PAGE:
Toronto condo market: not family-friendly enough

Condo market needs to keep up with evolving demographics

After about a decade spent building studio or one-bedroom condos to cater to millennials in the 25-34 age range, a new report says Toronto is facing a shortage of large units as that demographic ages. It’s becoming clearer every day that a larger number of family-friendly condo units are needed in the GTA. A new report suggests that the growing demand brought on by millennials getting older, settling down, and having children, as well as seniors looking to downsize while still having enough space for their “lifestyle and possessions” cannot be met by the number of large-enough units set to be constructed in the next five years.

Although more units than ever before (105,000) are currently being developed in the GTA, 41% have two or more bedrooms, while in the 1990s, 67% did. “Construction is still tilted towards one-bedroom units,” the report states.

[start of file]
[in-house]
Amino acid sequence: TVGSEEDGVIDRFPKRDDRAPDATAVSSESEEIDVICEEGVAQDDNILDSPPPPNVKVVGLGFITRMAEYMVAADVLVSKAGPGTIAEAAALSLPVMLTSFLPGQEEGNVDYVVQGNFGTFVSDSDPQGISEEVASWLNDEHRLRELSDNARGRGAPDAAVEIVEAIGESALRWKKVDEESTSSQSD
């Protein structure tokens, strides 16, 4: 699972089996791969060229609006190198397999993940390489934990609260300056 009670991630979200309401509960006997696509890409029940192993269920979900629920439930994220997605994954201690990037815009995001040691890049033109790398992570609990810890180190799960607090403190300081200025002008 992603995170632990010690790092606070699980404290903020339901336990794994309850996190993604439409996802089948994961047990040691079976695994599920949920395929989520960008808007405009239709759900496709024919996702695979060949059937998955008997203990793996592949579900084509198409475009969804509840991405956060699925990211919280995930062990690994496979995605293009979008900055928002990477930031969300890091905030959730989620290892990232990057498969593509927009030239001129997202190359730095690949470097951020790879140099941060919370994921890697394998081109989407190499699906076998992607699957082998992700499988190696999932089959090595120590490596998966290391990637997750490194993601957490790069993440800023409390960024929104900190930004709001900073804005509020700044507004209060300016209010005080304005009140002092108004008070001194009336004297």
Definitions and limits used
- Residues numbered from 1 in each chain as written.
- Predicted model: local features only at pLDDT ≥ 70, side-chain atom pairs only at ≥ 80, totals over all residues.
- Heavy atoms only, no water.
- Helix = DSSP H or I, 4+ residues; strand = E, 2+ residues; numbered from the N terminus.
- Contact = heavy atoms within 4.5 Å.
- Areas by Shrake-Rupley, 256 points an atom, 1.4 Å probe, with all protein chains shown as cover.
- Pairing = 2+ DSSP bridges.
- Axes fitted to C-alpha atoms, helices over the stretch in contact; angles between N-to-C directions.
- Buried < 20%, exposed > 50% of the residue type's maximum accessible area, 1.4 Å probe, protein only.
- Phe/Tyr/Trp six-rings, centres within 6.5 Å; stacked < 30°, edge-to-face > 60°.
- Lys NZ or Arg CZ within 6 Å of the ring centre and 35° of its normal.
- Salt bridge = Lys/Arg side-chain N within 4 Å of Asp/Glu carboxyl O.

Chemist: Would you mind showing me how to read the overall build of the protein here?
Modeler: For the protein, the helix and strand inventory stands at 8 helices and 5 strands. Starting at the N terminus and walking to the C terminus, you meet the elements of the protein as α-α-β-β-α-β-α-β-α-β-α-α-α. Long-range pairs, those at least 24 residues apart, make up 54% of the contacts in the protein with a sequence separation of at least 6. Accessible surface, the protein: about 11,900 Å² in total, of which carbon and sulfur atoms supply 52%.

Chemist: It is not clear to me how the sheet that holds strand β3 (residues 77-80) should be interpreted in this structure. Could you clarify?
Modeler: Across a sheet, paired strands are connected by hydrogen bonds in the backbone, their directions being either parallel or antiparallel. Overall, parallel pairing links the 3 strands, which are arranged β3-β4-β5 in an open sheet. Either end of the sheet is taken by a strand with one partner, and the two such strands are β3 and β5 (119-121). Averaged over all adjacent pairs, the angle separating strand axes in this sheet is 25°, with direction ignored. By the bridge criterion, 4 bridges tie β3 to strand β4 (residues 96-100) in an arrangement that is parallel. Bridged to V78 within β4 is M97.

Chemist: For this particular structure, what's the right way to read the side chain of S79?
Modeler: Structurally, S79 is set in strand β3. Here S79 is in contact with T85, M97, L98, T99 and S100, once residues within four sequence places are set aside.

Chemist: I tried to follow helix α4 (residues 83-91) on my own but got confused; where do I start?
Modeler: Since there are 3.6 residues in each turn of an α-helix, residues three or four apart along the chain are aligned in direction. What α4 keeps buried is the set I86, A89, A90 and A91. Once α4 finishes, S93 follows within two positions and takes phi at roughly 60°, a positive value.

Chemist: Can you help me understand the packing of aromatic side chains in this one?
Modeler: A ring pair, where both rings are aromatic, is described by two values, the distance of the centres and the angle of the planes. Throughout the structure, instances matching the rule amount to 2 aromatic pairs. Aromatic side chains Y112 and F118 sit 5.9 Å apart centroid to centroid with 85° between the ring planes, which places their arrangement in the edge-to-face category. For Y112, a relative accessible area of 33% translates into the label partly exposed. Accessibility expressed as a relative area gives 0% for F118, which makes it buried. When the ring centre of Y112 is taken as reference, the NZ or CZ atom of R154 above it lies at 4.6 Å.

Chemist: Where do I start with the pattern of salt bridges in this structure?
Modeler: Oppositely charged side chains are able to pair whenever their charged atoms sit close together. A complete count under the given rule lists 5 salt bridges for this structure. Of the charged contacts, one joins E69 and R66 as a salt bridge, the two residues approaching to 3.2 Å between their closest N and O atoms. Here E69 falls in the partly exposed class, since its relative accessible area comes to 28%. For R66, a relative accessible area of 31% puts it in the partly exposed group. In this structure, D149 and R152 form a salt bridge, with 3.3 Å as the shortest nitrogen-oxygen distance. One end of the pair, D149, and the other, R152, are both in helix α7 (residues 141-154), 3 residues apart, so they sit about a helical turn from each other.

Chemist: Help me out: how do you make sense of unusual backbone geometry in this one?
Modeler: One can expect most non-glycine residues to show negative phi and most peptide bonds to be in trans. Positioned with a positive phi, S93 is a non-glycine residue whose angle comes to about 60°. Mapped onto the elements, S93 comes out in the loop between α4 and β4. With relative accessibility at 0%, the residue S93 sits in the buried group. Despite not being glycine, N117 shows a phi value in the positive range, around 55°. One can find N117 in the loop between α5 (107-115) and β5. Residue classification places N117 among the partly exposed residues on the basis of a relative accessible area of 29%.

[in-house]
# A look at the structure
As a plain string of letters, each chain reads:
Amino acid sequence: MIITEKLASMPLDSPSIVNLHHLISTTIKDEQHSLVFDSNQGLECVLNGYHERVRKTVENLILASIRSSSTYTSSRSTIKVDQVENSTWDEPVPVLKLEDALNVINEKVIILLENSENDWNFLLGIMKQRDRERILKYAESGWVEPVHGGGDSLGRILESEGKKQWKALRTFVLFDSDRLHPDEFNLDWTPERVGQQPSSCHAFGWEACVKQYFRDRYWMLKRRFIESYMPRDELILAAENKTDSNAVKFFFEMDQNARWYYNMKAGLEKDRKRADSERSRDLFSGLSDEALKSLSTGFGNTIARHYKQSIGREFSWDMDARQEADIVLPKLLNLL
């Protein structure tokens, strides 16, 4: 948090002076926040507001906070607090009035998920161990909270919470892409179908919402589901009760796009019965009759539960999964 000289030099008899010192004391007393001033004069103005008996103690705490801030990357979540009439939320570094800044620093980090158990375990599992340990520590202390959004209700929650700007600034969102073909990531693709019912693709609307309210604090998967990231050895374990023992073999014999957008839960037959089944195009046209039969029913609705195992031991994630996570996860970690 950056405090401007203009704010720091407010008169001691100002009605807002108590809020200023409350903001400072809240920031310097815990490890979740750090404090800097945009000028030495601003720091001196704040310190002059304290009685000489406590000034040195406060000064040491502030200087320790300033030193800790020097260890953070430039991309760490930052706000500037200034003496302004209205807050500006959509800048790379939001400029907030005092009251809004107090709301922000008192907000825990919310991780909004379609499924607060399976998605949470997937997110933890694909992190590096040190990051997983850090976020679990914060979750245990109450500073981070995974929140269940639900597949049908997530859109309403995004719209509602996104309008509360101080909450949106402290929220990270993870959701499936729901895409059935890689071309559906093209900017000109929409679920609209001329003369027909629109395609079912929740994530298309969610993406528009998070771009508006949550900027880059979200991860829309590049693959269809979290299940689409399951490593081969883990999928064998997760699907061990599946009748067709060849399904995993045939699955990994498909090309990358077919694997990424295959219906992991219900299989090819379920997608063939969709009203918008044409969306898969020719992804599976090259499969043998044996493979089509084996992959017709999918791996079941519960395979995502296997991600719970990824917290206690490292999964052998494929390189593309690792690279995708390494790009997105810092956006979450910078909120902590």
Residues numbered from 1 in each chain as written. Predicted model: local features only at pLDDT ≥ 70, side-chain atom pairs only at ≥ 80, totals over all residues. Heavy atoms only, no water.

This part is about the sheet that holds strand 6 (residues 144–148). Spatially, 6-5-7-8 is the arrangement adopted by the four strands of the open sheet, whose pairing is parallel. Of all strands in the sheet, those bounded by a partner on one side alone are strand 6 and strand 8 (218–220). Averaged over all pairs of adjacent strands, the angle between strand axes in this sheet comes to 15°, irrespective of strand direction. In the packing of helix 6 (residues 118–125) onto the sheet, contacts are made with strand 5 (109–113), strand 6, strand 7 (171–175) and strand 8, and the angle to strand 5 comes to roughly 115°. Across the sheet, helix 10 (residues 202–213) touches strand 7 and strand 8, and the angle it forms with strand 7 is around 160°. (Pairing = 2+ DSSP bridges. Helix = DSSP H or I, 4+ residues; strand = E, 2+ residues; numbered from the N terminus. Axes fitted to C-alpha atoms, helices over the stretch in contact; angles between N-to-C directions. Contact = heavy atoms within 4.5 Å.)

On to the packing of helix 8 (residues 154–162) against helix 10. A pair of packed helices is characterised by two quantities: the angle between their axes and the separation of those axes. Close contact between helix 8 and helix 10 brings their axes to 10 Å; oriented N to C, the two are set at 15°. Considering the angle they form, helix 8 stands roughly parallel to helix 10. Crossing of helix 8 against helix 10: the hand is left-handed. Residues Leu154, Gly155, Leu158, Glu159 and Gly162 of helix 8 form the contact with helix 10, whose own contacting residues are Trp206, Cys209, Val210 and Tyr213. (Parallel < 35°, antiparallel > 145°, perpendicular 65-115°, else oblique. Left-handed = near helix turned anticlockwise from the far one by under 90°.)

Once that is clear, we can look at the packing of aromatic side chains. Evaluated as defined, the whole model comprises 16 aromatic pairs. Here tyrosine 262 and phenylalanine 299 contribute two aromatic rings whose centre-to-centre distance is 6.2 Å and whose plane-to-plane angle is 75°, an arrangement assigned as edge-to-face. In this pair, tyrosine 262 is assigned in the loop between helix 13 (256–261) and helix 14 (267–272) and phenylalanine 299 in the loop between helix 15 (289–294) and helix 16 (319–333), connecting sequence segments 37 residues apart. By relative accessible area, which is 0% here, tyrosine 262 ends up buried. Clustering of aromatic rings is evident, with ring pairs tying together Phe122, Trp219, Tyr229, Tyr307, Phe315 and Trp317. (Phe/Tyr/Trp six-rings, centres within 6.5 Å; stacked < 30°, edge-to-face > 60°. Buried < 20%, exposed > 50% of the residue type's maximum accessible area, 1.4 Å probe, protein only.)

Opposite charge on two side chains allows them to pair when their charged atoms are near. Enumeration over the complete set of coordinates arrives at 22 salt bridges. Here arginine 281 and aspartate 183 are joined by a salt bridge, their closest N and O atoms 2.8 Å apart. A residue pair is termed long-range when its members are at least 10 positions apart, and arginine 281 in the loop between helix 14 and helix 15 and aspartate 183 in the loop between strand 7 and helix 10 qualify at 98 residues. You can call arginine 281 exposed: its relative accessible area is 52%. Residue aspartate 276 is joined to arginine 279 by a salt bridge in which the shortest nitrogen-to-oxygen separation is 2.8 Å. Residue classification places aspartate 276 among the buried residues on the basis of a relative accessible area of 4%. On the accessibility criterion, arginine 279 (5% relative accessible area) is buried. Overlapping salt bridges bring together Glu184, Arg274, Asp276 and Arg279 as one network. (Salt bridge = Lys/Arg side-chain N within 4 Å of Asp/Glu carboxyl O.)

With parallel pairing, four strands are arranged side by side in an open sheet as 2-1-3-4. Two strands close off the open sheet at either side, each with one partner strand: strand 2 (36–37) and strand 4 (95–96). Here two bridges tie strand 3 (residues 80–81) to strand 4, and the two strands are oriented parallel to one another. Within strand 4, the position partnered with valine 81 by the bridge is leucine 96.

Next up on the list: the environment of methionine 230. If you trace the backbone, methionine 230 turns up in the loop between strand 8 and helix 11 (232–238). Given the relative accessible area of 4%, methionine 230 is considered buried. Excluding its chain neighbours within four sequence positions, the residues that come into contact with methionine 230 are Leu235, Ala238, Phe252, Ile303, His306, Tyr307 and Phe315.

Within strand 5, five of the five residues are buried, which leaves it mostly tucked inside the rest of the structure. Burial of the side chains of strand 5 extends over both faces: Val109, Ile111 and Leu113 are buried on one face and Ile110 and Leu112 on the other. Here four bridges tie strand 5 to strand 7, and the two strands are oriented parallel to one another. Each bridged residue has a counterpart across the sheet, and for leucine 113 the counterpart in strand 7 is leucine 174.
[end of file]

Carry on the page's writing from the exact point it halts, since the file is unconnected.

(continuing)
Baby boom underway

In the next decade, the GTA will be home to an additional 207,000 inhabitants in the 35-44 age range—the steepest growth in that demographic for 20 years, and the age that more and more people are starting families. In June 2017, Social Planning Toronto released a report that found the number of pre-school aged kids in the city has doubled in the last ten years, indicating that a baby boom is already underway.

“Missing middle”

Research done by the Canadian Centre for Economic Analysis found Toronto has a “missing middle” between expensive detached homes and small condos in high-rise towers. This missing middle would consist of more spacious and affordable condos, townhouses, and lower-rise buildings. The report suggests that alternatives to high-rises may be more appealing to families. Mid-rise buildings, for example, tend to “include larger units and can be more attractive to families than high-rise buildings due to their moderate scale and better integration into existing communities.” City planners are also calling for developers to build units with stroller storage, movable walls, and shadow-free playgrounds.

The good news is that the proportion of units with three or more bedrooms is growing slightly, with a 1.2% bump in the number of pre-construction condos compared with the number being built now. The price of three-bedroom condos remains unaffordable to many, however, at an average cost of over $900,000.

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